AUSTIN -- City officials are nearing an end to negotiations with the U.S. Department of Justice to settle claims that the Austin Fire Department discriminated against minorities while hiring new firefighters in recent years, according to sources familiar with the discussions.
Austin City Council members could vote as early as next week to enter into a "consent decree," which would likely prevent a lawsuit against the city by the Justice Department.
Although terms of a potential settlement have not been finalized, four sources told KVUE News and the Austin American-Statesman that the settlement could include payments to about 30 to 40 applicants in a 2012 hiring process who were not selected, or in lieu of those payments, a guaranteed slot in a future cadet class.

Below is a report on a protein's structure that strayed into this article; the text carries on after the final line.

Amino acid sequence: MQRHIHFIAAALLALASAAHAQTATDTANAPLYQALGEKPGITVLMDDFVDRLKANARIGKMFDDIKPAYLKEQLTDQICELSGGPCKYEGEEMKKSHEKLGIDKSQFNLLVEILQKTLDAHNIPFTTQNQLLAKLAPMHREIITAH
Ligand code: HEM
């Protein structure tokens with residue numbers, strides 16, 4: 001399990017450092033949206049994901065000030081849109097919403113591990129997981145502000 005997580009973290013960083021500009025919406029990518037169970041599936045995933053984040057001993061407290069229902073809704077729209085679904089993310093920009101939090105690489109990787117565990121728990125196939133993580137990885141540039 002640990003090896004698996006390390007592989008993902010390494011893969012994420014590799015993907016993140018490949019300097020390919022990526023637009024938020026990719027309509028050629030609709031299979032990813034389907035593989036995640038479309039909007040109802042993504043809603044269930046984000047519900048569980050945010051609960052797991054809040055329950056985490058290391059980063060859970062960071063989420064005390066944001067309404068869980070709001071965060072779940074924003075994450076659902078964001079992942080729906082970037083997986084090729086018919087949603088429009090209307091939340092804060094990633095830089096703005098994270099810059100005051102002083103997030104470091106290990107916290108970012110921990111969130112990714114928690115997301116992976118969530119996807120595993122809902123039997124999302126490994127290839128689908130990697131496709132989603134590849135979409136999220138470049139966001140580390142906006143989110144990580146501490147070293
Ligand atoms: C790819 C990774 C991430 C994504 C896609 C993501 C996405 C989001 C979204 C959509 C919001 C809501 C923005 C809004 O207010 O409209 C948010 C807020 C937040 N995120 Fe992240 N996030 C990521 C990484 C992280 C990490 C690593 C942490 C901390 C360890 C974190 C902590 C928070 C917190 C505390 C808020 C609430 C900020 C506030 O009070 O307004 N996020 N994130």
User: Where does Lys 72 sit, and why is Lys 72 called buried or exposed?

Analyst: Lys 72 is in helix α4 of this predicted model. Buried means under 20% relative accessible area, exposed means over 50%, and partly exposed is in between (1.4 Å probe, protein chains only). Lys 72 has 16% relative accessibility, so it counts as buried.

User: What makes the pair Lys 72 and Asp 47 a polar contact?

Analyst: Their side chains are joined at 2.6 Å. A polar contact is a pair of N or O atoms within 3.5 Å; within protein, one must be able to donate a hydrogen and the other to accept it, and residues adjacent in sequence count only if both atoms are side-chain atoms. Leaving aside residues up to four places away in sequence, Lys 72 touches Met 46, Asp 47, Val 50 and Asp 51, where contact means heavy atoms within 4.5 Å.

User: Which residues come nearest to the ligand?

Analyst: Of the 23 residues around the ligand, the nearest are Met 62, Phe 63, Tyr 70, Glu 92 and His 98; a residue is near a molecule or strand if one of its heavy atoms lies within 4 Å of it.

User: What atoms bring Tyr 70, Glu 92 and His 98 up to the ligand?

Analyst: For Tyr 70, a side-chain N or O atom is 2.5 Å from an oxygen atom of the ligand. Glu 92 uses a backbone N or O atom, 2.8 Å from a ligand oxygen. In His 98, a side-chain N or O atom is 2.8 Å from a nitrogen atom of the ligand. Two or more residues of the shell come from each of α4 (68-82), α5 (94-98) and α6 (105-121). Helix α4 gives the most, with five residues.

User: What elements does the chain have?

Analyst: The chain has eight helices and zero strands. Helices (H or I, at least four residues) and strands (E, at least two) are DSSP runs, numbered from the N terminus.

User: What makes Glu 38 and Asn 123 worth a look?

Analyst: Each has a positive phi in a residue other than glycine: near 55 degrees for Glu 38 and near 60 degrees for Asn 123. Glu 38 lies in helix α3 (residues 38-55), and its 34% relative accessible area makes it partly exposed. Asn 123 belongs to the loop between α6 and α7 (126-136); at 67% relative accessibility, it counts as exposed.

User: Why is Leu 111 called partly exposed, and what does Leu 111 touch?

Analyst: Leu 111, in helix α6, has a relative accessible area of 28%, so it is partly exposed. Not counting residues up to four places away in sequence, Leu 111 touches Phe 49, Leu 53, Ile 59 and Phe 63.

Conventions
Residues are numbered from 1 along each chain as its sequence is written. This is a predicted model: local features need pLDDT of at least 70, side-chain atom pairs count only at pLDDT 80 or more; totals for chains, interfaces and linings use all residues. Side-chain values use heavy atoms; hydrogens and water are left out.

The city may also agree to hire a yet-to-be determined number of minority firefighters during the next several years, the sources said.
Austin city council members, including Mayor Lee Leffingwell, declined Wednesday to comment on the negotiations.
Bob Nicks, president of the Austin fire union, said he was not yet aware of specifics of a possible settlement.
"We've reached out to city attorneys; we've reached out to the DOJ...constantly trying to get more information so we can develop an intelligent position on this," Nicks said Wednesday. "We've been kept in the dark."